What is a Plywood Project Panel?

Illustration showing a stack of plywood panels standing on edge

 

Most makers agree that the vocabulary around wood craft panels is confusing. One minute it's too technical and over-complicated; the next it's too antiquated or vague.

 

Take the term plywood. Some people use it generically to refer to almost any project panel wood from particleboard to OSB, while others use it only when they literally mean a plied, veneer-core panel. 

 

We use the term plywood panel to refer to the latter -- any panel made by stacking, gluing, and pressing multiple layers (plies) of thin wood sheets (veneers) into an incredibly strong, versatile, craftable wood surface.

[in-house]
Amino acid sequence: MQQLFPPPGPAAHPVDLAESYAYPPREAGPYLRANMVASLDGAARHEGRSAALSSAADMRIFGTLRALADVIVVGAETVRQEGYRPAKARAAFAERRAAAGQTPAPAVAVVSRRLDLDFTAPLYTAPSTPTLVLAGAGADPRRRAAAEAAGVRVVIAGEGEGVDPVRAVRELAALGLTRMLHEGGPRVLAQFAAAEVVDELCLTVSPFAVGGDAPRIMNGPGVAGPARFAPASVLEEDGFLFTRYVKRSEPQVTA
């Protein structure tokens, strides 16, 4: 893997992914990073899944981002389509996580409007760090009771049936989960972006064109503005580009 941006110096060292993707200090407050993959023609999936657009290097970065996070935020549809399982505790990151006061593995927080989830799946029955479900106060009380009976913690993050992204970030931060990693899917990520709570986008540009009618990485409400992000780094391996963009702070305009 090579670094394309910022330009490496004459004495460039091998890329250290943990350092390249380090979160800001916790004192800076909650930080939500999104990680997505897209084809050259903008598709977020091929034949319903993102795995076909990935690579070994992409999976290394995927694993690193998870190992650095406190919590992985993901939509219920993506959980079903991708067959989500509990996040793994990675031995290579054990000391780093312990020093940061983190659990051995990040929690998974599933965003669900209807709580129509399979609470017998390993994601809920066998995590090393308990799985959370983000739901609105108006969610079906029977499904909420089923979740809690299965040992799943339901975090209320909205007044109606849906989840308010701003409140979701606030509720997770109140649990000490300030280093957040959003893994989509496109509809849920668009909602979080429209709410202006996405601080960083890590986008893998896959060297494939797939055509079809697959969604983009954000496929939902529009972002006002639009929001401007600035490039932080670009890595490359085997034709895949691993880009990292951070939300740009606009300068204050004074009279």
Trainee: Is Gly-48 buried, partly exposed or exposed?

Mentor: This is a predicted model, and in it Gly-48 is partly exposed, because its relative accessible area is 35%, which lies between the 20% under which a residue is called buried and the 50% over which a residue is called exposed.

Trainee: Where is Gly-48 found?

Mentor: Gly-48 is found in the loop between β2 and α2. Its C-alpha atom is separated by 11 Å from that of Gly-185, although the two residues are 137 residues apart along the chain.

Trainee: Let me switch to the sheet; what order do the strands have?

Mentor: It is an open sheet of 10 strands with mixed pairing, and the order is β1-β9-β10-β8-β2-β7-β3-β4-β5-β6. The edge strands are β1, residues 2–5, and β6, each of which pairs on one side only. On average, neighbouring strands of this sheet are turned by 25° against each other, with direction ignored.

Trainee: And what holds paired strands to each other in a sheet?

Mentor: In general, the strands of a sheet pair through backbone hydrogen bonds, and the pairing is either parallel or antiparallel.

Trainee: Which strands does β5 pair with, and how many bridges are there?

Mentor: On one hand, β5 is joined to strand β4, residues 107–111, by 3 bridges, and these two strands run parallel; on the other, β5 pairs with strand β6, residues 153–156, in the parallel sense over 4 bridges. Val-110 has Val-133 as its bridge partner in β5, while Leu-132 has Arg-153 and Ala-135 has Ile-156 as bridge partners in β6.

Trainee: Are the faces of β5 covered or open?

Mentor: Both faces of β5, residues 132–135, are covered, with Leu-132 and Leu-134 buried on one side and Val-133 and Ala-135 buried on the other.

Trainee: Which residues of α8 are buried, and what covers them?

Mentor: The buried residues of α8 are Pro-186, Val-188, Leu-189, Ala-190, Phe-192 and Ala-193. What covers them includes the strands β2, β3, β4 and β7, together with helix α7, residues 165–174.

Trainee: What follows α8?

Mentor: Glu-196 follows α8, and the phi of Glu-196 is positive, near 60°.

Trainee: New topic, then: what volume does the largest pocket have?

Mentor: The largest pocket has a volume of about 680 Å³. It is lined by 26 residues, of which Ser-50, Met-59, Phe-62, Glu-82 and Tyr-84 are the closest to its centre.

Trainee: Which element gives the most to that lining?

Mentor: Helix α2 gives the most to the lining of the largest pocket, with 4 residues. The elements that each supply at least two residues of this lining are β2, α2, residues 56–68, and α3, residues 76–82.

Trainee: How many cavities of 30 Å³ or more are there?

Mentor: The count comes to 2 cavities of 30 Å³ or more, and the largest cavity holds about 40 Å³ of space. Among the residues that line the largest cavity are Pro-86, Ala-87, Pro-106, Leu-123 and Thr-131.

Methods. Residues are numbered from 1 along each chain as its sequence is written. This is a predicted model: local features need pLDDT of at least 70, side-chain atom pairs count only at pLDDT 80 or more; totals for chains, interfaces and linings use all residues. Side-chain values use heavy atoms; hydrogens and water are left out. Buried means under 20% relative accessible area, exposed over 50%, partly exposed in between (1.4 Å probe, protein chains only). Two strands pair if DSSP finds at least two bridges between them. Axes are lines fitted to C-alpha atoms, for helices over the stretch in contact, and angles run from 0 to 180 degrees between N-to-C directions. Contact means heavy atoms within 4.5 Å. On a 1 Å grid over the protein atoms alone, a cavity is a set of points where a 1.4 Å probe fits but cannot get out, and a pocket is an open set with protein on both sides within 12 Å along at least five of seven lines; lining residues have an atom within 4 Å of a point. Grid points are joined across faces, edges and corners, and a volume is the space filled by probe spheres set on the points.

Anatomy of a Plywood Project Panel

 

Plywood panels have three types of veneers: face, back, and core.

 

The face and back (the outermost layers) are made from whatever species is in the name, like birch, maple, or oak.

 

Handprint's project wood panels have core veneers (inner plies) made from a combination of hardwoods and softwoods that vary by region. Typically spruce, pine, or fir (SPF) in the western US and Canada, poplar in the east, and aspen in the north and northeast. 

Tips:

 

A cordless power drill and a screwdriver (manual, electric, or power) will all fasten a screw. But for predrilling holes and driving screws, pick a drill driver with a variable speed. High is for drilling, low is for screwing.

 

Retailers refer to plywood project panels in different ways. When shopping for your project, your retailer may call these panels Cut-to-Size, Convenient Cuts, Handy Panels, or simply Project Panels.

 

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